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Zappos' Rob Siefker: 'Good customer service starts at the top'

Zappos' director of customer loyalty talks to Jane Bainbridge about why he believes it has become famous for its customer service and how it is brought to the fore at the US online retailer's call centre.

Rob Siefker, director of customer loyalty, Zappos

Rob Siefker, director of customer loyalty, Zappos

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Zappos, the US online shoe and clothing company, has become a byword for leading customer service. It has grown rapidly from a start-up in 1999 to a $1bn-plus business selling more than 1000 brands. Its formidable growth has been credited to its focus on customer service and putting the customer experience at the heart of all aspects of its business. Driving this agenda is Rob Siefker, director of customer loyalty, who started at Zappos as a temporary call-centre employee in 2004. Now, Siefker is one of the key players responsible for maintaining what he describes as the retailer's 'world-class culture'.

What do you think is the biggest myth about good customer service?

People don't put their money where their mouth is. They talk about it, but they're not committed. They do it to market themselves, rather than because that's what they believe. Good customer service has to start with the top; it can't just happen on its own. It needs to be who you are and not just a business strategy.

Can you please all of the people all of the time?

You will always have customers whom you will never satisfy. However, it's a very small percentage and we have a group of people focusing on that.

Your brand has been built on recommendations and word-of-mouth endorsement, what's the secret to achieving this?

All the interactions need to be great. If people don't have an emotional reaction that inspires them to share their experience, then they won't. So something that's just good is unlikely to be shared; something that's surprising and has a 'wow' factor - and it doesn't have to be complicated - will help seed that storytelling.

Isn't working in a call centre ultimately a really dull job? How do you balance that with the company's aim of happy employees?

We are not your typical call centre; our employees are given a lot of freedom.

They're not boxed in; we don't create a robotic experience for our employee or the customer. We invest in growth, and people have opportunities to do new things - they don't have to sit and do the same job over and over. We run a balance between a human call centre and an efficient one.

Your call-centre staff don't have scripts. How do you make that work?

Hiring the right people, training them, giving them the tools and constantly providing guidance and feedback. Ultimately, we have human beings talking to human beings, and we need our customers to talk to somebody and feel connected to the brand. That won't happen if they feel they're talking to a robot regurgitating information. We don't have call times, we'd just say avoid two things - politics and religion - but that's just our advice.

How do you avoid them making mistakes?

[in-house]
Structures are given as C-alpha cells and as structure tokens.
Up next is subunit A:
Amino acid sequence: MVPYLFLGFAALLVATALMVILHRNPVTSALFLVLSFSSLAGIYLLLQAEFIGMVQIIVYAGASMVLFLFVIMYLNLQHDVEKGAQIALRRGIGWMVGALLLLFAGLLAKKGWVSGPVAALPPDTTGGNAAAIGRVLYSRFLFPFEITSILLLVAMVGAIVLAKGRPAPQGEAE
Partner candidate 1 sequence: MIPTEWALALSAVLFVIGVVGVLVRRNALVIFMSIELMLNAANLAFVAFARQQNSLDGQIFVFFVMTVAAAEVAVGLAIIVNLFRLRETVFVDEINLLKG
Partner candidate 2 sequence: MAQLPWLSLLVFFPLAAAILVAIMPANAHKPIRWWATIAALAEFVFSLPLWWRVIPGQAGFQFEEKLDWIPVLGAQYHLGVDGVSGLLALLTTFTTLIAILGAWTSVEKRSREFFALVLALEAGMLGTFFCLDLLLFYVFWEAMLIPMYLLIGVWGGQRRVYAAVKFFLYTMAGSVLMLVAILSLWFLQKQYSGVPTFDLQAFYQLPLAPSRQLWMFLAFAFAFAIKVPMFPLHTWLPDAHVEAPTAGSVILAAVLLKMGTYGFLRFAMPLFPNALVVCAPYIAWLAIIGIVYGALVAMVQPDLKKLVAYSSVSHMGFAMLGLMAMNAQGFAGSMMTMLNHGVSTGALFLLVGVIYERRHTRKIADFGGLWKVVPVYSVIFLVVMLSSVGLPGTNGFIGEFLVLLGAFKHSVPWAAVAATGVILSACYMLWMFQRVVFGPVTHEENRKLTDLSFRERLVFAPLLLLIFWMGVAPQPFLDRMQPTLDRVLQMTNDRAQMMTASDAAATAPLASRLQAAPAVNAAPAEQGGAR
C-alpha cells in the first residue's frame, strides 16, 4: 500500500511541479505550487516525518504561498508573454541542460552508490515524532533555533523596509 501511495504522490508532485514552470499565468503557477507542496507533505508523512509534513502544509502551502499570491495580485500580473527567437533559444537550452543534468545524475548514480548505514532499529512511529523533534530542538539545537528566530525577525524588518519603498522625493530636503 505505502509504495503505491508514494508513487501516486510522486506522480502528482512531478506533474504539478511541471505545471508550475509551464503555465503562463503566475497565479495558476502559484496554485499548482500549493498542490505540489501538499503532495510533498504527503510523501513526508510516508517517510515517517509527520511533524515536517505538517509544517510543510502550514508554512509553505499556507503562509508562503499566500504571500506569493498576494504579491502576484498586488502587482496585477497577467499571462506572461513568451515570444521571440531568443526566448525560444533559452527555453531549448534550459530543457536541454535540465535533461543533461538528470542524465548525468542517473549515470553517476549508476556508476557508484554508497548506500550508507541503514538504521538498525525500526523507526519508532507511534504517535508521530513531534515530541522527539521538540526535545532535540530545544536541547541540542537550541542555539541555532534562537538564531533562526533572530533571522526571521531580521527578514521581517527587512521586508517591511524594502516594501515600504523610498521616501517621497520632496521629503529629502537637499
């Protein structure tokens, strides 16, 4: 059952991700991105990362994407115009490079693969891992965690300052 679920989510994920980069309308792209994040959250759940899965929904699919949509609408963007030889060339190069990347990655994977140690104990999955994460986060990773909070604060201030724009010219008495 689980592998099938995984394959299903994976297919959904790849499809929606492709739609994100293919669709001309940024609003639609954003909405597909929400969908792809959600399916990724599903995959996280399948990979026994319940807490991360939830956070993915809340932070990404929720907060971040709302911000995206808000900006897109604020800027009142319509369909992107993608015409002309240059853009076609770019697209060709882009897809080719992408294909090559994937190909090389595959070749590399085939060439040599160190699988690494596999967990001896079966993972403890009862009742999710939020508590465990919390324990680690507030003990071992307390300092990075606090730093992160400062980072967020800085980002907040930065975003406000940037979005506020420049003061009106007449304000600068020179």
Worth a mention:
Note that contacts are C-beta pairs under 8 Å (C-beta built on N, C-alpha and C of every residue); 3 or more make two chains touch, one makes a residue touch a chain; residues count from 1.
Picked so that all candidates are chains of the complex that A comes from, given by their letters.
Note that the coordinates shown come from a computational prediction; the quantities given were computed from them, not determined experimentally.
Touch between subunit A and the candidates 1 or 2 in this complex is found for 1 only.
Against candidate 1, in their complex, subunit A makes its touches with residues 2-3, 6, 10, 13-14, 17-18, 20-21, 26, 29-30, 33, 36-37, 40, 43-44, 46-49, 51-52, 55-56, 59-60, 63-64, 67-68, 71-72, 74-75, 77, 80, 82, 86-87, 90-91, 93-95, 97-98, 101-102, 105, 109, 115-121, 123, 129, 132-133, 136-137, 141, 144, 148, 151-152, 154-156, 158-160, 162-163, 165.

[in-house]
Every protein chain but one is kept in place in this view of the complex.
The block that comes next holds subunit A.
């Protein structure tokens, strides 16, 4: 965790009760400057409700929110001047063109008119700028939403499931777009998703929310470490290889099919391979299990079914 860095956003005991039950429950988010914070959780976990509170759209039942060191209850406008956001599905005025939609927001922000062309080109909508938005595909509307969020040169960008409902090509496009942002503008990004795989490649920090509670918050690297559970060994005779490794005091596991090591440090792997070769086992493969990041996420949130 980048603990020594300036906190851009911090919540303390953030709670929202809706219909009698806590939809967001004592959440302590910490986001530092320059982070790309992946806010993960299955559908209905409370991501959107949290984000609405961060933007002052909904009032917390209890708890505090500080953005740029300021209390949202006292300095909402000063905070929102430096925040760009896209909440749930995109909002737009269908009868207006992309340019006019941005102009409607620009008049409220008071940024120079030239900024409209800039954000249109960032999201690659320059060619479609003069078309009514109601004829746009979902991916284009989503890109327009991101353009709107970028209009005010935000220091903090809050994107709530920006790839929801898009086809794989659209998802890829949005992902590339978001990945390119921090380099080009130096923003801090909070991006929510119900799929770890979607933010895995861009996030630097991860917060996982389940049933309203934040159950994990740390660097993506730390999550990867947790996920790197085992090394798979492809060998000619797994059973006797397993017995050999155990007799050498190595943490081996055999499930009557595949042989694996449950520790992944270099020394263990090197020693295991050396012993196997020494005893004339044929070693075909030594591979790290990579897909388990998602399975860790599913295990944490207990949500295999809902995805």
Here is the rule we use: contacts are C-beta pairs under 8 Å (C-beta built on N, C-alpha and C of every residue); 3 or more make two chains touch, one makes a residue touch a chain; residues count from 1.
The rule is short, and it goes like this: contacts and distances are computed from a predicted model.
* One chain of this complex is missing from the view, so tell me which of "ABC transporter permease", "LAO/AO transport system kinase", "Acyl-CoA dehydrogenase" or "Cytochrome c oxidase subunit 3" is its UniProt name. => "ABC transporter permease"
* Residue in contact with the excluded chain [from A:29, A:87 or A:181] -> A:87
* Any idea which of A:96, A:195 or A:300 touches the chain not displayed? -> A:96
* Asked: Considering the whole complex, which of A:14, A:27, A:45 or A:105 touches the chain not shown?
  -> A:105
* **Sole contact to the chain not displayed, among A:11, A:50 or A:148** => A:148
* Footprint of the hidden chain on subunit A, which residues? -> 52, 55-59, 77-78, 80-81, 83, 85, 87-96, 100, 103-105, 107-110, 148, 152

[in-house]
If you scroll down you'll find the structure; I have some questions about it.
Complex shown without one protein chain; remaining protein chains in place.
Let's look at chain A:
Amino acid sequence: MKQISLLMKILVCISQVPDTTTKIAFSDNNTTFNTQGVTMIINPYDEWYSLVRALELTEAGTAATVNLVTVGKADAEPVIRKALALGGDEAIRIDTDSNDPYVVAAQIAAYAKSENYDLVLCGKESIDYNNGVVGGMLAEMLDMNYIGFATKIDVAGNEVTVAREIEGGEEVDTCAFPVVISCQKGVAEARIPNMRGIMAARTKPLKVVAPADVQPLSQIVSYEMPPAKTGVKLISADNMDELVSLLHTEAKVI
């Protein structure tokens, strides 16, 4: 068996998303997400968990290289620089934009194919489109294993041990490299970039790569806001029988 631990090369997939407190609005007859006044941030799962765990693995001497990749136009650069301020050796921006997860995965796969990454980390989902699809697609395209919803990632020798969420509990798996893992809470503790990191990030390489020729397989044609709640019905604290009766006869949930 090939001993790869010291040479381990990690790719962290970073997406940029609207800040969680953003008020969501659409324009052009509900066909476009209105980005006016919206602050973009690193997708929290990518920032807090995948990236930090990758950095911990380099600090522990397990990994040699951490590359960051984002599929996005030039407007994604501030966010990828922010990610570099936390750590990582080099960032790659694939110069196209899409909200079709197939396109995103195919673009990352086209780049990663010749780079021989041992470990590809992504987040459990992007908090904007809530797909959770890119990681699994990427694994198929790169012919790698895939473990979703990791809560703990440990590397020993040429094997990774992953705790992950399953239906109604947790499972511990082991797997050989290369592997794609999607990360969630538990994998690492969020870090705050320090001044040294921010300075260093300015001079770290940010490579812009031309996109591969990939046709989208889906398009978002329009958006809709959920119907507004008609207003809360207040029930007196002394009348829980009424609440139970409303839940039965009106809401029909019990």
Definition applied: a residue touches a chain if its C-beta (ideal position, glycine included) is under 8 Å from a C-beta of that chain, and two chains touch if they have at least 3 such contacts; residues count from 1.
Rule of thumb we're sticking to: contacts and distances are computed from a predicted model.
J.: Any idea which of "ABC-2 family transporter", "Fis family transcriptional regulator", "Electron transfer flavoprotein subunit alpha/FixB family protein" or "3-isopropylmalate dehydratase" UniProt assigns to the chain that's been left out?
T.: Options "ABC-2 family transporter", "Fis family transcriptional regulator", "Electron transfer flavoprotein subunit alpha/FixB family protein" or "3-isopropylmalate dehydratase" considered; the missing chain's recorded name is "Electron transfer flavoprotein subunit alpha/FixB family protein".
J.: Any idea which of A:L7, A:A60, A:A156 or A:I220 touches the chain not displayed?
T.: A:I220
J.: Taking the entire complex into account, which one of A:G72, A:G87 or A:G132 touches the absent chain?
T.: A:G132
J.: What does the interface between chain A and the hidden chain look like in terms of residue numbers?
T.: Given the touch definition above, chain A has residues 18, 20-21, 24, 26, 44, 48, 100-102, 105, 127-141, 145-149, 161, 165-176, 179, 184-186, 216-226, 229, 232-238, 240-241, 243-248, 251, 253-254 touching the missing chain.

Even if you don't give them this freedom, they are going to make mistakes. If you hire people and you don't trust them, then you shouldn't have hired them. The chances of people making catastrophic errors that will have an impact on the business are pretty small.

Every employee spends two weeks in the call centre as part of their training, should every company adopt this?

The contact centre - and phone specifically - is one of our greatest branding devices. We are a customer-service company, so the best thing you can do to reinforce that is have people talk to customers in a real-life shopping situation. That experience has an impact on everything else in the company; you can always look back on that experience and think: how does this decision I'm about to make have an impact on the experience they have? It works for us, it's a huge investment. I'm not sure every company would be willing to (do it), but training relating to customers and the relationship is important.

How has social media altered the rules of engagement in customer service?

I don't think it has changed as drastically as people think. We're on Twitter and Facebook because that's where we can interact with customers and reinforce our brand message. To this day, the phone is the main channel where you interact in a private space with the customer. You can't resolve a customer's order on Twitter very easily.

How does the business maintain its culture as it grows?

Hiring the right people and having a set of core values. We train to it, evaluate employee performance based on it, and we're fanatical about having a great culture. People outside the business say you can't maintain the culture as you grow; I say that's not true - it's up to us, not your opinion. We are in control. It changes in a negative way only if we let it.

CV

  • 2002: Graduated from Santa Clara University, California
  • 2002-2004: Odd jobs and travelling
  • January 2004: Joined Zappos in San Francisco as a call-centre employee. Worked his way up via roles such as team leader and manager
  • 2010: Director of customer loyalty, Zappos

Rob Siefker will be speaking at Marketing's Customer Experience Management conference, 20 March 2013. To register, visit www.customerexperienceconf.com

This article was first published on marketingmagazine.co.uk

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